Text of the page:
Total Eclipse 2017
On August 21, 2017, a total solar eclipse will be visible along a thin, roughly 100 mile-wide path that runs diagonally across America from Oregon to South Carolina. Beginning around 2:38 p.m. on Monday, August 21, 2017, viewers who have gathered in areas like Greenville, Columbia and Charleston, S.C., will experience the longest period of 100% total eclipse for a metro area on the entire East Coast of the United States — ranging from two minutes and 30 seconds to two minutes and 36 seconds of total darkness.
Emergency managers are planning for an estimated influx of more than one million visitors into South Carolina for several days on either side of the eclipse. Expect nearly everything to be above capacity for nearly a week total. Residents, businesses and visitors should all be prepared for this historic event by keeping safety in mind.
The path of eclipse totality for South Carolina
Start planning now for where you will go to view the eclipse and make sure you're prepared.
Prepare in advance to take care of your normal weekend activities.
Fill your car up with gas and buy groceries before the weekend.
Even if you do not plan to participate in any eclipse-related activities, expect heavy traffic and extremely busy areas in much of South Carolina.
Welcome to South Carolina! We hope you have a chance to Discover South Carolinaand everything our beautiful state has to offer.
Follow the guidance of local public safety officials and your event organizers. County emergency managers, local police and fire fighters know their communities and how best to direct you to where you would like to go.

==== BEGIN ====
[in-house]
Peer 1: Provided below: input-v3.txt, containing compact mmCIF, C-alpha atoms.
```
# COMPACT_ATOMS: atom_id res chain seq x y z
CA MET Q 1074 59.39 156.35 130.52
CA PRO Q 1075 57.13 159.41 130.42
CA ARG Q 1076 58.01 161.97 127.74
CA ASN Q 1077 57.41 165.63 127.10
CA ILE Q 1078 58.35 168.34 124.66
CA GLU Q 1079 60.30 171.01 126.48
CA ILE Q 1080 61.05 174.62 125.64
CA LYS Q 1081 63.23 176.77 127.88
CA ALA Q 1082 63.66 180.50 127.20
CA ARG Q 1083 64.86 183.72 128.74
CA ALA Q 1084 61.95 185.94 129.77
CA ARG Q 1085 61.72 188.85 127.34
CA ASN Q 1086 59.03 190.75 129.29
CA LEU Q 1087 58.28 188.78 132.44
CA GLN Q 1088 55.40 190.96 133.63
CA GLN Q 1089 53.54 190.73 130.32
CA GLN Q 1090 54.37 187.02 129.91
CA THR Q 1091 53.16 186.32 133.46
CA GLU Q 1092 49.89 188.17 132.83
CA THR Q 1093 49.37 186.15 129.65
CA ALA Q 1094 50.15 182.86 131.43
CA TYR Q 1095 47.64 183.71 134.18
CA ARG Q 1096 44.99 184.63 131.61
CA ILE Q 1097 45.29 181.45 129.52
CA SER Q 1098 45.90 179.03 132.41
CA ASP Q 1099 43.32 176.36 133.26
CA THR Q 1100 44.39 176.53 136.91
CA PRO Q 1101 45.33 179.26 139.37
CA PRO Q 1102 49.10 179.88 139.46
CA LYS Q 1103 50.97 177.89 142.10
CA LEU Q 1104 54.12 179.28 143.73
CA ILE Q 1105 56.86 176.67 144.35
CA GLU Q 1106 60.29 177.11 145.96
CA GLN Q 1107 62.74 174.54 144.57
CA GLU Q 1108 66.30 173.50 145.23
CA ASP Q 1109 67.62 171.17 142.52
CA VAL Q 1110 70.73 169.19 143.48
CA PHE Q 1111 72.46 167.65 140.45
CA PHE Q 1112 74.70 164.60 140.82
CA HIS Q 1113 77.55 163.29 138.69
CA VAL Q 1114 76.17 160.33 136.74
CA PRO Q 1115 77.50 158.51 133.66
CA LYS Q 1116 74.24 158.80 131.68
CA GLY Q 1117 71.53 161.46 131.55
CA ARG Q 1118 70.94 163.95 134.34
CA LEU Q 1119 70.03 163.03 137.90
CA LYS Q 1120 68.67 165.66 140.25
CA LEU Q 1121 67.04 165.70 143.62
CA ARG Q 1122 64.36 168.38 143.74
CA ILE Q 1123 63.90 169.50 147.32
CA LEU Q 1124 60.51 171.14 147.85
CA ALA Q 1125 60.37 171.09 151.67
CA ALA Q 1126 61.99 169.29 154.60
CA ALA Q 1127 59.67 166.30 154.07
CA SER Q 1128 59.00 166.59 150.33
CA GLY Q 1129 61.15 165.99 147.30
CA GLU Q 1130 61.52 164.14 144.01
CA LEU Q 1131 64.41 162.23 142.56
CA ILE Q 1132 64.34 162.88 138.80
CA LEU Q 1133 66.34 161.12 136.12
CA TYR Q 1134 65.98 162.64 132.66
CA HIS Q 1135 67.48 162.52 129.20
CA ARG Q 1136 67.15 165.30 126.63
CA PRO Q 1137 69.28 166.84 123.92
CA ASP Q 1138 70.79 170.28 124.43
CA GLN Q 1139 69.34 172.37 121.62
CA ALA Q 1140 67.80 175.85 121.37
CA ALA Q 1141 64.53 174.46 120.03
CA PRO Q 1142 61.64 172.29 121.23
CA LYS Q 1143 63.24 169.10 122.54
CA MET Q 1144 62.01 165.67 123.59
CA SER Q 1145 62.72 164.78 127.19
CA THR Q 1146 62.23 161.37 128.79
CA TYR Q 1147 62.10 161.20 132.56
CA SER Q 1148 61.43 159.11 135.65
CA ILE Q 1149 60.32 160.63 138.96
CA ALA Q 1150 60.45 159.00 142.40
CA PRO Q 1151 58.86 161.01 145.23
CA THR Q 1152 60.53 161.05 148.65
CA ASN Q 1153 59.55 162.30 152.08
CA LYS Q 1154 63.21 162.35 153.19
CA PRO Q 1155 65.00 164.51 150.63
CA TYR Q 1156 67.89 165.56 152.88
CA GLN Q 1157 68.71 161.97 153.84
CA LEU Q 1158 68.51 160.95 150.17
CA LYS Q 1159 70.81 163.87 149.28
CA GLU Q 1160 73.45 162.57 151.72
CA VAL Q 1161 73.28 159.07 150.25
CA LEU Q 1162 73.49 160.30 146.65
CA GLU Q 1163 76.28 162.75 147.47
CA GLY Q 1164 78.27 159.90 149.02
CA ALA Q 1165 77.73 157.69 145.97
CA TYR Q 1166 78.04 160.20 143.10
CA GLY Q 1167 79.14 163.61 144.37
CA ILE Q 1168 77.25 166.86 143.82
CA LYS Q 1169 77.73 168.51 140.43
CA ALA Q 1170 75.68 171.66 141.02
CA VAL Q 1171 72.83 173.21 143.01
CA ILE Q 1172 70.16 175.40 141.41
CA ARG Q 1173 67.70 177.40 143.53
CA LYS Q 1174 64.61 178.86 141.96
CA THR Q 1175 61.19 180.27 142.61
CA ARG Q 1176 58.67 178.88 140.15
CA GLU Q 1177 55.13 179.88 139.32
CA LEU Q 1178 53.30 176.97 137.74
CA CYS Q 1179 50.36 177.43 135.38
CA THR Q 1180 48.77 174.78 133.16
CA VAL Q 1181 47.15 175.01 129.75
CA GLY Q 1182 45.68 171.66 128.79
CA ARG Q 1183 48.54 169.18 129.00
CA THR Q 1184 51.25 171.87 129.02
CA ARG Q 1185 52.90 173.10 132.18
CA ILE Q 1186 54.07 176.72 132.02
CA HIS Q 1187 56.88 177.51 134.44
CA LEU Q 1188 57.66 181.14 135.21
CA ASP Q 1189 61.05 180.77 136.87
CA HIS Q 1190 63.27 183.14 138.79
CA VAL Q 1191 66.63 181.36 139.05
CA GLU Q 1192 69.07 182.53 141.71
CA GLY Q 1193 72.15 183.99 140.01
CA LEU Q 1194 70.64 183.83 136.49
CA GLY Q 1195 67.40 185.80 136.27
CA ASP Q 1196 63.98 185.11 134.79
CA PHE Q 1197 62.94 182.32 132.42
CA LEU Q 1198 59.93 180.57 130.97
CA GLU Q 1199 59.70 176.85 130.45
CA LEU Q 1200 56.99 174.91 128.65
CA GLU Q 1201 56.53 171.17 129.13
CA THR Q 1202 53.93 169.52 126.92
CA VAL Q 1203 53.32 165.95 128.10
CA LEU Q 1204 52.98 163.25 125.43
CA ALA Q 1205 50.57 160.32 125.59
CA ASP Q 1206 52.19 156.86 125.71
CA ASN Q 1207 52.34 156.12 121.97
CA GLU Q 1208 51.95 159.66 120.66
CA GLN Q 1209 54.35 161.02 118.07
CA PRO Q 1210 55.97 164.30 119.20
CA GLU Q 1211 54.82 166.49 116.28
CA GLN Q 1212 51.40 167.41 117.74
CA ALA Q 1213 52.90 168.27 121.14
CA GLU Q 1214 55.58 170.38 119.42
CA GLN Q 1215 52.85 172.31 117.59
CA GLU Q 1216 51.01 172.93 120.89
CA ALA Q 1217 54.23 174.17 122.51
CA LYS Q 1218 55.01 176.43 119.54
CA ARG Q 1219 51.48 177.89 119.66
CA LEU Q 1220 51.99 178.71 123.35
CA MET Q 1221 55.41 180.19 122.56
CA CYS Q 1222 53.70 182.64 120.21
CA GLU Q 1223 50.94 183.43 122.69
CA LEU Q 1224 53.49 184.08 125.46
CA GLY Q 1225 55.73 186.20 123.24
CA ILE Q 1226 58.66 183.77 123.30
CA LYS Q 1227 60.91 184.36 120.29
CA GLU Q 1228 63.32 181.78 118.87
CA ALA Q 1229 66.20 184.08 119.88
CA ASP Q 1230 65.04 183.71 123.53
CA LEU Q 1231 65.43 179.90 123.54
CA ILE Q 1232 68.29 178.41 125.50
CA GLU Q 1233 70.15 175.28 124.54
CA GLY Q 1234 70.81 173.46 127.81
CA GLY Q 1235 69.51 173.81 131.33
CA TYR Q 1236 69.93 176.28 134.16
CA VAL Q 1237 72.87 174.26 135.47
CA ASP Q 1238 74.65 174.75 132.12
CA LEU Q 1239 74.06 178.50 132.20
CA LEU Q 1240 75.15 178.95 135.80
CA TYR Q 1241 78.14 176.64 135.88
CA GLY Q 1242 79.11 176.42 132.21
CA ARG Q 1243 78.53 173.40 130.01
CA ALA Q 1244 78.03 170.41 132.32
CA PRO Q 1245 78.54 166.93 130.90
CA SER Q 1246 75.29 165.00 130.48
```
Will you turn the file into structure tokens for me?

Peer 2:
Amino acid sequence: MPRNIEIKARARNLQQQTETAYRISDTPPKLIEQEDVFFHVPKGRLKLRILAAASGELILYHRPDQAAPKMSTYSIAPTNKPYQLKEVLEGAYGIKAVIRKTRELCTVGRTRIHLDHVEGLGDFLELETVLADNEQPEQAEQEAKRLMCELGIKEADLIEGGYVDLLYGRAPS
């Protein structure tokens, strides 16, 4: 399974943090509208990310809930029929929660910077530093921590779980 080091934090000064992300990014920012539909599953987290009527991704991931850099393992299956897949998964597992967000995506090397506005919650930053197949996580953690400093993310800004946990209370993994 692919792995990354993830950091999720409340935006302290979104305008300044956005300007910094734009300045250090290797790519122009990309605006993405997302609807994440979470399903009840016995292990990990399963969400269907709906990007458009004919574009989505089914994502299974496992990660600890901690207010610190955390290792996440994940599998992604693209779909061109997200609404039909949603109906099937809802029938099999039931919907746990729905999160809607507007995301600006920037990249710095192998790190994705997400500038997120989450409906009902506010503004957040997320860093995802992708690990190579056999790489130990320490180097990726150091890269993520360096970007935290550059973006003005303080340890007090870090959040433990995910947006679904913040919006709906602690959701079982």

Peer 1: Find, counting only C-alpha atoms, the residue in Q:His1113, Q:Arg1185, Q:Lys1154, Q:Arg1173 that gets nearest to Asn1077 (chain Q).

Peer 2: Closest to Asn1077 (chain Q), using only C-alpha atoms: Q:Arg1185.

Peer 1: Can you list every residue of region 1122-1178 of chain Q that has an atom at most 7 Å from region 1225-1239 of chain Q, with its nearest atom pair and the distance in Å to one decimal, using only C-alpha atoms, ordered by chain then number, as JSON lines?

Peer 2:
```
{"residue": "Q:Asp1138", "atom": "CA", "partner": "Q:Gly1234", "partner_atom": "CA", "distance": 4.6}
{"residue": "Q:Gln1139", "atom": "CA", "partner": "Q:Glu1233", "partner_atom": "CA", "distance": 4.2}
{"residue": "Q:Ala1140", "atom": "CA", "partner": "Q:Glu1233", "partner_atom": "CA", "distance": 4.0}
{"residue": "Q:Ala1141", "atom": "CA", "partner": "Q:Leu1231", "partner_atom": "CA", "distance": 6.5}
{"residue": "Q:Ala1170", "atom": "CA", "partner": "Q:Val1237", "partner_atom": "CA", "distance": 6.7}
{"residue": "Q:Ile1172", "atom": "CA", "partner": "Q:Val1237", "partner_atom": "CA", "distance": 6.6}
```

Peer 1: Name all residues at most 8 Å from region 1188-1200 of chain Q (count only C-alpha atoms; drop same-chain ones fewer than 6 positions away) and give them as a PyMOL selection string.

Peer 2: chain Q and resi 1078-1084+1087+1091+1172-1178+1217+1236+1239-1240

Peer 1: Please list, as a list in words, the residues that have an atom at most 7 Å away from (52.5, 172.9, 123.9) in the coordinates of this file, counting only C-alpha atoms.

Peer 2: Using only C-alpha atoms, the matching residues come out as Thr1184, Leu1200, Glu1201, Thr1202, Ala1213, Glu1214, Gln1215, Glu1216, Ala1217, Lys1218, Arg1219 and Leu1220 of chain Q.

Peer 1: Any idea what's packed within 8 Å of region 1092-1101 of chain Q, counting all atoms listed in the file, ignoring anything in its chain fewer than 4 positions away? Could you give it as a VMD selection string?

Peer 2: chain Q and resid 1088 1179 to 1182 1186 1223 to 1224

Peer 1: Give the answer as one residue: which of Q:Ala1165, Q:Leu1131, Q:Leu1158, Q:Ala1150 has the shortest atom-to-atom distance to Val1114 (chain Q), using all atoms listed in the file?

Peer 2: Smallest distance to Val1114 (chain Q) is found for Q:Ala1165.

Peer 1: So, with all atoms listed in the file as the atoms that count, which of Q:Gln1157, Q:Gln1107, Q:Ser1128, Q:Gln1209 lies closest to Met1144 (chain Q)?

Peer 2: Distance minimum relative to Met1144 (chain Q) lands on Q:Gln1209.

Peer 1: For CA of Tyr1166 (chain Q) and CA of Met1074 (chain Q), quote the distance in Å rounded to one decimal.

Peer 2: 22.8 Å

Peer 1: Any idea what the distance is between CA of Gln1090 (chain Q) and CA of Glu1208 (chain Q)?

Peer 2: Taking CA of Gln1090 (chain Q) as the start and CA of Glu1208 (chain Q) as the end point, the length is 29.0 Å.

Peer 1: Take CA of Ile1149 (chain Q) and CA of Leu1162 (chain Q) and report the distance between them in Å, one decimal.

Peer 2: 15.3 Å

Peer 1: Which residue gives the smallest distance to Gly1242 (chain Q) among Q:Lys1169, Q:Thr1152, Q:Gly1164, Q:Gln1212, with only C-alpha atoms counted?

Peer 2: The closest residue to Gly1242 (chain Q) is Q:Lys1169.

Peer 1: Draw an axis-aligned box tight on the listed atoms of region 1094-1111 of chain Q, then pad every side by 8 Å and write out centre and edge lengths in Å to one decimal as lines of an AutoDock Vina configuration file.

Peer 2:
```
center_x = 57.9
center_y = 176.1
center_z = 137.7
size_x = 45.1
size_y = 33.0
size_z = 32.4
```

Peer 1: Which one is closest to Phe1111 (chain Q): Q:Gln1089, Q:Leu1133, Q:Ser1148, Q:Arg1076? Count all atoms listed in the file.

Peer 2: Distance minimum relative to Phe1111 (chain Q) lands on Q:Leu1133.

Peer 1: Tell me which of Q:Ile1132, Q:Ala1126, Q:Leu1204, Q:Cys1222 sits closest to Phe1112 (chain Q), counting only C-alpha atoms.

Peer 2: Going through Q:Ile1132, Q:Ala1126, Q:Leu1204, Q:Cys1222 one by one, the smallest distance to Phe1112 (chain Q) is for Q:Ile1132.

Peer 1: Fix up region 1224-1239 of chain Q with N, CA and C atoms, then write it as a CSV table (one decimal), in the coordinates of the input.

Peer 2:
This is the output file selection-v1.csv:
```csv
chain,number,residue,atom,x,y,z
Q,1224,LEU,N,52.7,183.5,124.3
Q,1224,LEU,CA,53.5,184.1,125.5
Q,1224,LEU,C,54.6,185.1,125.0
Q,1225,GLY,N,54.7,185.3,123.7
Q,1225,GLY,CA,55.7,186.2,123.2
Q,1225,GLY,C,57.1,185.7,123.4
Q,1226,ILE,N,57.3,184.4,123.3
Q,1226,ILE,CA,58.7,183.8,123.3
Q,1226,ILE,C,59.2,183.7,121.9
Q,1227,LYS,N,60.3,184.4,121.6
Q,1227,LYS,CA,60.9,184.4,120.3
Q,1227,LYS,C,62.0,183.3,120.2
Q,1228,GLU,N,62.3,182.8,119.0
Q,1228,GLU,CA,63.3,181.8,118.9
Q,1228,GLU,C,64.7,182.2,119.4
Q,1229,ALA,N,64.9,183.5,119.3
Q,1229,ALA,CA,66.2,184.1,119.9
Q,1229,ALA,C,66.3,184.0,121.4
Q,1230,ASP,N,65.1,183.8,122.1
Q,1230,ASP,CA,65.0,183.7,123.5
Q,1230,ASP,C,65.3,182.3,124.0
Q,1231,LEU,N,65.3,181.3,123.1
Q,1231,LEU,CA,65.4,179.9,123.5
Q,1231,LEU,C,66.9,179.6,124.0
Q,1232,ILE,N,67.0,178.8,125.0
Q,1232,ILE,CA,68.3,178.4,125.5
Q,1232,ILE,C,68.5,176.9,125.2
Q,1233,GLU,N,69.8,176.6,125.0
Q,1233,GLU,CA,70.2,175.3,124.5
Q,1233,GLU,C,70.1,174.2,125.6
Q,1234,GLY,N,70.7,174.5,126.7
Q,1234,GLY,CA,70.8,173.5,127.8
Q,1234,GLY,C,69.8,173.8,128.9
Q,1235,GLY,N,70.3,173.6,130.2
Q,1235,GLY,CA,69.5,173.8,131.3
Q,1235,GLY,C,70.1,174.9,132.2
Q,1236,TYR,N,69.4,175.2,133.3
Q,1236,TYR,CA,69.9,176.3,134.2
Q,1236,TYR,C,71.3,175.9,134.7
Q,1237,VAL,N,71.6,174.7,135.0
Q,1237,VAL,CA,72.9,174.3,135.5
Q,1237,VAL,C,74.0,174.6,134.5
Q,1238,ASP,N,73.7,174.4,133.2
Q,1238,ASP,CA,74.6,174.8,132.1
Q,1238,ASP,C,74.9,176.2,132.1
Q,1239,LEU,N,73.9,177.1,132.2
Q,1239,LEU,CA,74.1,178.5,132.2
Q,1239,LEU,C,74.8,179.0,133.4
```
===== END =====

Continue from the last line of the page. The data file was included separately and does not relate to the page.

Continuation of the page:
Give yourself plenty of time to get to your destination throughout the weekend. Traffic will be heavy with large crowds going to and from events all weekend.
Once you get to your eclipse event, stay there until well after the eclipse is over.
If you are driving during the eclipse, KEEP MOVING. Do not stop your vehicle along interstates or any roadway.
August in South Carolina means it will be HOT. Be prepared for extreme heat.
Make sure you have bottled water, sunscreen, first aid kit and protective eyewear like certified eclipse viewing glasses.
Take time to become familiar with our emergency plans and know what to do in the event of a hurricane, an earthquake or any type of severe weather and large-scale emergency.
Call 9-1-1 for life-safety emergencies only.
Make sure family members or friends back home know your schedule, when you are expected to return and your plan if something happens.
Prepare for a big jump in customers. Grocery stores, gas stations, hotels, restaurants, transportation services, coffee shops, retail stores, urgent care clinics and many other establishments will experience a jump in business. Order goods and schedule staff accordingly.
Be aware that many visitors will be camping in both authorized and unauthorized locations; expect customers who may be primarily interested in using restrooms.
Encourage employees to have a full tank of gas prior to the time visitors begin to arrive in the area. Lines for fuel may occur and you’ll want staff to be able to get to work.
Be prepared for more cash transactions and potential challenges with credit/debit card transactions taking longer than usual because of increased volumes. Consider having tills set up to accommodate more cash transactions.
Be prepared for cell service overloads; there may be service disruptions due to the increase in visitors using networks. Visitors may have urgent requests to use your business telephone line if they are having trouble with cell service. Decide how you want to handle these requests and make sure employees know what to do.
Talk to suppliers. Some suppliers may be considering delivery schedule changes due to the event(s). Suppliers may also be looking at how the increased traffic on rural roads may impact delivery times.
It is advisable that viewers use eclipse glasses (sunglasses are NOT enough) when looking at the sun before and after totality. There may be glasses for sale or for free at viewing locations, but feel free to purchase some on your own and sell them at your store.
Total Eclipse Resources:
South Carolina's Official Eclipse Page
South Carolina Department of Public Safety
Travel Information from SCDOT 511
The S.C. Department of Education
Eclipse Viewing Safety from NASA
Certified Eclipse Eyewear Information
Status of State Government Offices
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